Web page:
Justice Ministry: Downturn in European Court of Human Rights findings against Bulgaria
The European Court of Human Rights pronounced judgment in 2017 in 65 cases lodged against Bulgaria, finding at least one violation in 31 of the cases, according to a Justice Ministry report adopted by the National Assembly on February 6.
According to the European Court of Human Rights website, the court dealt with 879 applications concerning Bulgaria in 2018, of which 841 were declared inadmissible or struck out.
It delivered 29 judgments (concerning 38 applications), 27 of which found at least one violation of the European Convention on Human Rights, the court said.
Pending applications as of January 1 2019, including applications for which completed application forms had not yet been received by that date, added up to 559, the ECHR said.
The Justice Ministry report to Parliament said that there was a gradual downward trend in cases lodged against Bulgaria in the ECHR and in judgments and decisions against it.
The report that at the end of 2017, the total number of cases pending against Bulgaria was close to 30 per cent less than at the end of 2016.
As of December 31 2017, the vast majority of cases pending in the European Court of Human Rights were against Romania, Russia, Turkey and Ukraine. These countries were followed by Italy, Hungary, Azerbaijan, Georgia, Armenia and Poland.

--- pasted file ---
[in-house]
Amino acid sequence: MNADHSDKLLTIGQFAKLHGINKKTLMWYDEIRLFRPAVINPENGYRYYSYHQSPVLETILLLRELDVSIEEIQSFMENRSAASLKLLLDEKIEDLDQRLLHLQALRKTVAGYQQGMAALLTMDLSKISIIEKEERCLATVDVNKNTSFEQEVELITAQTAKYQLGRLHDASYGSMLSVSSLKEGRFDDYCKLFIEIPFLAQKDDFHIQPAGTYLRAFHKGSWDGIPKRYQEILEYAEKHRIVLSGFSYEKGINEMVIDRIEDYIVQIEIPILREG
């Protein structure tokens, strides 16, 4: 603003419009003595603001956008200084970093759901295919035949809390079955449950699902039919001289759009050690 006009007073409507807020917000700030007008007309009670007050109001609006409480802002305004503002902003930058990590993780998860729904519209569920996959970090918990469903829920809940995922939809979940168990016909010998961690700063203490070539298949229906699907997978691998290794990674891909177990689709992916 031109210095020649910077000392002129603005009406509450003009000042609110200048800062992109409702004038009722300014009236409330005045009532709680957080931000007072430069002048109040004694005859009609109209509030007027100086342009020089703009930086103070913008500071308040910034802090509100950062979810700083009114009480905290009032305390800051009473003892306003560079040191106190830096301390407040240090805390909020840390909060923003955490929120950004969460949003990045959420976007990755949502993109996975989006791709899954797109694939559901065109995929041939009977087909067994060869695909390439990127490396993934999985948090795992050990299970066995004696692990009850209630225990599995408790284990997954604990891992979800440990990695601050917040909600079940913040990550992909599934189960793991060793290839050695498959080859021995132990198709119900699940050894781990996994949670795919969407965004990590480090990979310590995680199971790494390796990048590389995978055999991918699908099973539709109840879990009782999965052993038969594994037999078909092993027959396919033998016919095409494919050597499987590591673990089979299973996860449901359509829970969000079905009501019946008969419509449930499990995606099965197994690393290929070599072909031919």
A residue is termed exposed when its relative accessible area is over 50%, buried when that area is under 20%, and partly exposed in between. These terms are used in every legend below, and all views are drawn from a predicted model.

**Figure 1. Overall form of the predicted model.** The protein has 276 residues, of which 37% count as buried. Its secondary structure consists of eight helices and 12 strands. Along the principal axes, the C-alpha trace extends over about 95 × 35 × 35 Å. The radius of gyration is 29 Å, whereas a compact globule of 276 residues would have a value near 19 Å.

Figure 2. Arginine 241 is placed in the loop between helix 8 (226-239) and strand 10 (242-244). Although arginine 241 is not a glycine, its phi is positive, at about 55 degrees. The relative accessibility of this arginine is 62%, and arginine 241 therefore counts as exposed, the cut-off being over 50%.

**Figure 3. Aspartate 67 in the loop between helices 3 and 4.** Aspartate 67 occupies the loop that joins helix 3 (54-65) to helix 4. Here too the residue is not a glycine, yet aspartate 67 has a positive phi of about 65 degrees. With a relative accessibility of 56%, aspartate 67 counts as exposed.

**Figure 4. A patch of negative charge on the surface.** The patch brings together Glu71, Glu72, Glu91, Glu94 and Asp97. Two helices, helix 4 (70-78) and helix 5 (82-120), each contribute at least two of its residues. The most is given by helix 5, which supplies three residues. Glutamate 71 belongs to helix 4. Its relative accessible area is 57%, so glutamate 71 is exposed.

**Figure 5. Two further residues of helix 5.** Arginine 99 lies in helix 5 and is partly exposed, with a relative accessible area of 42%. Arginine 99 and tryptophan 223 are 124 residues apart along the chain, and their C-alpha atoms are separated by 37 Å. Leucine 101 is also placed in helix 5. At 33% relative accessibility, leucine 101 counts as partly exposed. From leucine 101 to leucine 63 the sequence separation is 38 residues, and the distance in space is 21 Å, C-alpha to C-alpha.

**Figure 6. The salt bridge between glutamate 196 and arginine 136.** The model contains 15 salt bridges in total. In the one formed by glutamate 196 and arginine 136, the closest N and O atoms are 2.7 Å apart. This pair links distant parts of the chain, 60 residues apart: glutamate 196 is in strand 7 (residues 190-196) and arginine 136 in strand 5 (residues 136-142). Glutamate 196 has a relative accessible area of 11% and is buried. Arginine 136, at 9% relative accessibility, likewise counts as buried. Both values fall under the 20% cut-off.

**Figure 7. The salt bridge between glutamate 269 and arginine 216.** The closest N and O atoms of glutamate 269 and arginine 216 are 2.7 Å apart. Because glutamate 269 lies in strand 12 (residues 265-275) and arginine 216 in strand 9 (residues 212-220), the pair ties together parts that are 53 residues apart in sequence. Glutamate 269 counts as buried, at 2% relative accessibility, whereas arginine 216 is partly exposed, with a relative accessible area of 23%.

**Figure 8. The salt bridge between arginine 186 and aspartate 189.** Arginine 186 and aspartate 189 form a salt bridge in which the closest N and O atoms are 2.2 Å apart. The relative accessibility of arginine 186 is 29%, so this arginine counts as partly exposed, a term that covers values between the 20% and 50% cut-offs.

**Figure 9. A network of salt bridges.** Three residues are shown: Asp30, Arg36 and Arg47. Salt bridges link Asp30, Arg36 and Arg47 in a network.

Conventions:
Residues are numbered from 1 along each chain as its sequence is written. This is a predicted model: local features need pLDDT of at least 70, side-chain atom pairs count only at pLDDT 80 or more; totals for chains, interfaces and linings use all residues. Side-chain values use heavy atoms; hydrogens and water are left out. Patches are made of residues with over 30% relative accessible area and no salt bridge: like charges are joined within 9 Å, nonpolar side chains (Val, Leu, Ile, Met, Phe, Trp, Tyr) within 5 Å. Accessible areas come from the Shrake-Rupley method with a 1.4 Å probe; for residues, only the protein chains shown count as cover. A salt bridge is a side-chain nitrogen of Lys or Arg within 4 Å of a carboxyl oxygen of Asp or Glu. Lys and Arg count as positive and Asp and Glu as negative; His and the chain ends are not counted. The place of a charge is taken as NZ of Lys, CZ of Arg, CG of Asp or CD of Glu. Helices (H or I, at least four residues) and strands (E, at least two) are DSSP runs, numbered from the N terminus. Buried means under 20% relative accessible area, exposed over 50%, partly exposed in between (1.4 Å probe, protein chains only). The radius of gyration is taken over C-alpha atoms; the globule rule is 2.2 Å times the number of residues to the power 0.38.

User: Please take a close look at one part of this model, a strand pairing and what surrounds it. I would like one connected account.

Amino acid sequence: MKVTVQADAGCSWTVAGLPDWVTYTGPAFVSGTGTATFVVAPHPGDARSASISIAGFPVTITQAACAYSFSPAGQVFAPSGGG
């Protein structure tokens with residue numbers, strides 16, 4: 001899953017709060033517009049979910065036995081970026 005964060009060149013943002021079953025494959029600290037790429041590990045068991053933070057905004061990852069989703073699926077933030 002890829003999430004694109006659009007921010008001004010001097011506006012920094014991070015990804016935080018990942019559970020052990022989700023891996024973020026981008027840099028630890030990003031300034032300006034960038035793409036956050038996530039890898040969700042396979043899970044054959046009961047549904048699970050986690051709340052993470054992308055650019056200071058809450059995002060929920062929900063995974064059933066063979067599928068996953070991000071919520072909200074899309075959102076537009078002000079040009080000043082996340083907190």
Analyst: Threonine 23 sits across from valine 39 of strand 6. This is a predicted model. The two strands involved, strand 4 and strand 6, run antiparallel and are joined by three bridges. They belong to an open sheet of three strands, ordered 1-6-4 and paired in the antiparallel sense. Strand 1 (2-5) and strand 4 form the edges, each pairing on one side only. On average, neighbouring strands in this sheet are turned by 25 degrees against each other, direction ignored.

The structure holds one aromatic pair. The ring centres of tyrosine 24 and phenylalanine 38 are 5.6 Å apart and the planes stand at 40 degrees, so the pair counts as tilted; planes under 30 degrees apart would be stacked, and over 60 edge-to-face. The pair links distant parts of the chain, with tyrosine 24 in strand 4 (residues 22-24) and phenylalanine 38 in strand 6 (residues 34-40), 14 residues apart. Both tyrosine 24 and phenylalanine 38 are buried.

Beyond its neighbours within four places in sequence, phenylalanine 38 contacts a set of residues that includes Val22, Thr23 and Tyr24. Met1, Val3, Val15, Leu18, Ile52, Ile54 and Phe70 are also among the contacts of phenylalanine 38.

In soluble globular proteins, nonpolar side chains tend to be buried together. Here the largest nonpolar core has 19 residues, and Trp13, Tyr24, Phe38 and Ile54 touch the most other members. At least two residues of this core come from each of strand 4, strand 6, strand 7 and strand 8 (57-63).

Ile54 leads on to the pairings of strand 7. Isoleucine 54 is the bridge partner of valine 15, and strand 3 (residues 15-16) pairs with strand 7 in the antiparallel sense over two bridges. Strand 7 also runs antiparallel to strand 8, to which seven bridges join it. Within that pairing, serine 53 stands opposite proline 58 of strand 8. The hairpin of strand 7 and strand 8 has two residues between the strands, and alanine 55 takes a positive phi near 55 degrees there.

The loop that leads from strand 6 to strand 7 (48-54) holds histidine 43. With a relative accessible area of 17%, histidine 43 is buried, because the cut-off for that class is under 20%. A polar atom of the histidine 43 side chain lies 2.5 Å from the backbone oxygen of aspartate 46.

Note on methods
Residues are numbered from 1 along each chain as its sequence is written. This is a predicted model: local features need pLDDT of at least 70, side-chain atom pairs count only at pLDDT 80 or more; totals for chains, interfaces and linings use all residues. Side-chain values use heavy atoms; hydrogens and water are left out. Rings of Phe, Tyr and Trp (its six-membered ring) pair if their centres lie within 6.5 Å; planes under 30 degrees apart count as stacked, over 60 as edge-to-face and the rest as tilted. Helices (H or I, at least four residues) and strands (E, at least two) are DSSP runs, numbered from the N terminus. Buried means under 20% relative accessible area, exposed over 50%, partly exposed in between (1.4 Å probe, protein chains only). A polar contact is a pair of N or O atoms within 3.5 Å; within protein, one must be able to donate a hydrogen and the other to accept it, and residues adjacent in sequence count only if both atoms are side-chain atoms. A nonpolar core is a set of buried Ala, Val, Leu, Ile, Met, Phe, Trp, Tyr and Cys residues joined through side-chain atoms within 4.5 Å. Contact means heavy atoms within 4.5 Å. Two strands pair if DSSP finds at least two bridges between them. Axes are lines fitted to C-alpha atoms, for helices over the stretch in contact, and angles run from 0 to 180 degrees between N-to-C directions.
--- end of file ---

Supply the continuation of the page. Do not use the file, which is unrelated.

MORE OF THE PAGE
In 2017, Bulgaria was in 15th place, with 623 pending applications against it.
In the National Assembly debate, opposition Bulgarian Socialist Party leader Kornelia Ninova launched an attack on the government, saying that those in power should themselves pay for the damages awarded against Bulgaria.
Ninova said that she was “making a commitment” that claims would be filed irrespective of which government had been in power.
Deputy Justice Minister Nikolai Prodanov criticised politicising a purely technical document.
Prodanov said that at a joint meeting on November 21 of the committees on legal affairs and on human rights, representatives of the opposition had voted in favour of the report.
“I do not know very clearly what happened between November 21 2018 and February 6 2019. The report is the same, there is nothing new in it, the only thing that has changed is that in the past two months we have advanced in time towards the next elections,” Prodanov said.
(Photo of the European Court of Human Rights: CherryX)